The Shattered Myth of ‘Helter Skelter’
The following is a very rough draft of a project I tried to get Susan to finish which more clearly described what she saw happening, not just during the summer of 1968 to the fall of 1969, but during her trial as well. This was a particularly distasteful subject to Susan and she only consented in the hope that it would help to dispel the misconceptions about the case and make it less a subject of obsession to some misdirected young people.
Susan never got a chance to finish proof reading this copy, especially the early chapters. But she felt the later chapters, particularly the chapters describing the trial, were very accurate.
We started this project with the understanding that any intelligent, objective reader will (should) naturally weigh Susan’s uncorroborated account as suspect. It was also our hope that this book will be read by intelligent objective readers.
With this in mind it was our intent to document and reference absolutely everything that is covered in order to produce what we hope will be an account that is as objective as humanly possible.
We have also tried to limit ourselves to references and documentation that is as credible as possible. This means that our primary source for reference was the account written and published by the Prosecutor, Vincent Bugliosi, himself. This account was written and published only a couple years after the events, which increases the chance that it is not tainted by poor memory. It was also produced by the very person who argued that Susan should be executed. This in itself makes it the most credible source for facts which support Susan’s account.
We have also occasionally referenced the book written by Charles Watson, Will You Die For Me? This account was also produced about thirty years ago (about 1978), and so is less likely to contain unintentional memory errors. Like Susan’s own account one might understandably question the truthfulness of Charles Watson’s account, except to the extent to which he makes admissions against his own interest. (i.e. – it’s hard to believe that he would lie to make himself look worse.)
We have further referenced a book by Chaplain Ray, God’s Prison Gang, in which Chaplain Ray interviewed both Susan and Charles Watson about 1974. Once again, while objective readers might question the truthfulness of statements made to exonerate themselves, it is hard to question statements made against their own self interest. And so we feel that this is a credible reference.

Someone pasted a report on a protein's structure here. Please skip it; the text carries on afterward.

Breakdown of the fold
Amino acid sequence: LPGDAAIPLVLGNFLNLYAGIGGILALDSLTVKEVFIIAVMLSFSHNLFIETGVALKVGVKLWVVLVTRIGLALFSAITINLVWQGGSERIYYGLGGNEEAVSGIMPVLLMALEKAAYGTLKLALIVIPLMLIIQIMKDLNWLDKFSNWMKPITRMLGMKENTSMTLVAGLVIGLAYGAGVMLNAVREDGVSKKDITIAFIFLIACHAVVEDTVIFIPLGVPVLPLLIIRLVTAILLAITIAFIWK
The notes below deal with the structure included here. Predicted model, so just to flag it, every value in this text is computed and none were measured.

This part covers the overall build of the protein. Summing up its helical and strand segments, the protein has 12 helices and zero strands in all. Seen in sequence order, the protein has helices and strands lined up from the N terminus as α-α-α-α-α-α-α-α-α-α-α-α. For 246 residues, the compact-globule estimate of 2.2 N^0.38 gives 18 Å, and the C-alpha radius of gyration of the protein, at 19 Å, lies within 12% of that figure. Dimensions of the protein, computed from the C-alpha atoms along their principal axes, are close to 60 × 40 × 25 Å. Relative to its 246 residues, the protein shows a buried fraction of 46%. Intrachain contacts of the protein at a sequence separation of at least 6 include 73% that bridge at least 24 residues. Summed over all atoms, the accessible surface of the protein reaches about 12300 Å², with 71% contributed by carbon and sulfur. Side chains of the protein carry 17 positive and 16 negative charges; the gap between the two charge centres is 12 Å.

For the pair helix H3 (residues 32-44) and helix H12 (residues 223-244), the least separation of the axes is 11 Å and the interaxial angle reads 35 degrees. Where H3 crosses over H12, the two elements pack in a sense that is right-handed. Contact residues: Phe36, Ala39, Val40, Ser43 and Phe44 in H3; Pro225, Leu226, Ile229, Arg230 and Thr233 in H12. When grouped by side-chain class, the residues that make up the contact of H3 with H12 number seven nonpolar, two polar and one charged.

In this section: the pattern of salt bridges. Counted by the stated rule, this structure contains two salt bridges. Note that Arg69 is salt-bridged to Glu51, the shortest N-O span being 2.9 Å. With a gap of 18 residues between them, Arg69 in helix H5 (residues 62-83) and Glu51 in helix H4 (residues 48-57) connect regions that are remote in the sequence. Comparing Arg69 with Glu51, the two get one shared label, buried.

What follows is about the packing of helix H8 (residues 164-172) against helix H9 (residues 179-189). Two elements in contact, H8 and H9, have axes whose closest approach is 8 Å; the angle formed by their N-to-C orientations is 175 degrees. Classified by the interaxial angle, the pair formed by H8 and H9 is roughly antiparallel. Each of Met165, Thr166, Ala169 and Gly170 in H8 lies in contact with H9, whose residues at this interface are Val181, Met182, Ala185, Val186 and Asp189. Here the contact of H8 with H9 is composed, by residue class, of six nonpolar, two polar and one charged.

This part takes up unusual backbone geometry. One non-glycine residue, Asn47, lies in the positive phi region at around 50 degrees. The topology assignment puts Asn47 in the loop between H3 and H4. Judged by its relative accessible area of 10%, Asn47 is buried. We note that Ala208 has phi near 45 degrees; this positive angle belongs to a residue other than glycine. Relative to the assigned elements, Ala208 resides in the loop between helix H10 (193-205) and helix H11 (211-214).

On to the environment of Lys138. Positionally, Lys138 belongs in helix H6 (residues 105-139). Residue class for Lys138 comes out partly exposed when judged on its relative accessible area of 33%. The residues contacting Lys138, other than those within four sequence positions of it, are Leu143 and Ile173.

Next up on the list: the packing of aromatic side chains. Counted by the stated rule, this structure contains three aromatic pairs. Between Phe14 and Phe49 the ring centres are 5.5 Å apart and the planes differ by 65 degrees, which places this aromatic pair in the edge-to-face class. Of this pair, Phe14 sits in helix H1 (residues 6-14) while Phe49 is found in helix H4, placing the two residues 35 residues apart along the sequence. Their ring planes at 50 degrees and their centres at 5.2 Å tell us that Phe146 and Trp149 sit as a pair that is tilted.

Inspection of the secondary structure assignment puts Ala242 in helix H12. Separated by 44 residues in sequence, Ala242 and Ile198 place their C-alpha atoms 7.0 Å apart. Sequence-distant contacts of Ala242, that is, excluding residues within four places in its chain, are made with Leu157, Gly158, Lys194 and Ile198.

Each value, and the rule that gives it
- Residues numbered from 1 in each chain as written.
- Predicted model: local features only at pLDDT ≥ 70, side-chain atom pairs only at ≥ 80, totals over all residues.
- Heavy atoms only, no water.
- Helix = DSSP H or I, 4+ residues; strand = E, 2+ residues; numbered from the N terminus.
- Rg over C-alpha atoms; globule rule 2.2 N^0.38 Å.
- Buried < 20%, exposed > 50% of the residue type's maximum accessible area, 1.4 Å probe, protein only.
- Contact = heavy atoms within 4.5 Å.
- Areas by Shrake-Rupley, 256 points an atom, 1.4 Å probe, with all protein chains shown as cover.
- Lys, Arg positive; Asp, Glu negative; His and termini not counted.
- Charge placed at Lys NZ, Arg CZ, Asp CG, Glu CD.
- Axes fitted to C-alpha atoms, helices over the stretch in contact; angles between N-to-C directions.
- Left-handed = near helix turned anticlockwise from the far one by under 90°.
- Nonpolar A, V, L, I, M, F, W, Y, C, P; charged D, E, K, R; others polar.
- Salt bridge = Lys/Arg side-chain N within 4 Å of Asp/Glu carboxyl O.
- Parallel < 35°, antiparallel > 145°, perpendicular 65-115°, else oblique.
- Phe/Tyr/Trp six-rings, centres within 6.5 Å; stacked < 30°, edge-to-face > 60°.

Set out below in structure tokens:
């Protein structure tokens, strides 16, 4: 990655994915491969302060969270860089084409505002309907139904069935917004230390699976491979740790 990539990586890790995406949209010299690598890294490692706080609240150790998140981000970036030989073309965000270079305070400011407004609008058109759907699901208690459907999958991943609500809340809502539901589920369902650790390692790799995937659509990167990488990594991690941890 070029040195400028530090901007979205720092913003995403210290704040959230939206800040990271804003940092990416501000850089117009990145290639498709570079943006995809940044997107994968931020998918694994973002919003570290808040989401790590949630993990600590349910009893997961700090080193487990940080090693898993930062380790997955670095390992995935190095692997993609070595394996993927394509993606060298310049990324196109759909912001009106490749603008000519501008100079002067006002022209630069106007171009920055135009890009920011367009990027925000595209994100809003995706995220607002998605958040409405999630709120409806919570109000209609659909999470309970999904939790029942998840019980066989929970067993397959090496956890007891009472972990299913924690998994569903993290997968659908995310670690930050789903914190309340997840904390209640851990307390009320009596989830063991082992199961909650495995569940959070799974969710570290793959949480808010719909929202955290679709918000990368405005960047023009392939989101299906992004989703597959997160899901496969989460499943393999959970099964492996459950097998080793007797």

We have referenced the work of Paul Watkins as well. This account was also written more than a quarter century ago, and may therefore be less likely to contain errors of memory. Since Susan did not associate directly with Watkins either before or after the crimes it is hard to determine why he would be untruthful about Susan’s part in them. To this extent his account appears credible enough to consider.
On occasion we have also referenced things Manson himself told the writer of the book Manson, In His Own Words, which was published around 1980. This account is, at points, wildly fictionalized and self serving. In all fairness, the writer makes a point of stating Charles Manson appeared medicated to various degrees during the time he was being interviewed, and displayed varying moods – so perhaps the fantastic parts of his story were not intentionally erroneous. In addition, a lot of the story seems prompted, which is to say it appears Manson is responding to questions concerning either Susan or Charles Watson’s earlier published accounts, and not a direct account of his own memory. (It seems unlikely that, ten years after the fact, Charles Manson’s memory of the crimes would touch on the very same several moments that Susan or Charles Watson’s memory did.) While both of these facts make Charles Manson’s account somewhat suspect, once again to the extent Manson makes statements against his own best interest it may at least arguably be assumed to be correct. So to this extent we have occasionally included citations to this work.
Lastly, we have occasionally cited Susan’s own book, Child of Satan, Child of God. References to Susan’s own book are not made with the purpose of compelling the reader as to their truthfulness, but simply to show that this is the same account she gave almost 30 years ago. This is not “Susan’s new version of the crimes.”
This heavy footnoting may become ponderous at time, and we apologize for that. But this whole book is worthless if it is not a process toward a more thorough understanding of the events associated with this terrible tragedy, an undermining of the myth surrounding these events, and a means of producing an intelligent discussion of these events. Merely producing another unverifiable and wildly speculative account of these crimes serves no purpose at all other than to continue to hurt the families who have lost irreplaceable loved ones and to contribute to the aggrandizement of the myth of Charles Manson. Tragedies like this shouldn’t be discussed at all unless they are discussed with a legitimate goal. That goal should be to try to see that similar tragedies do not occur in the future.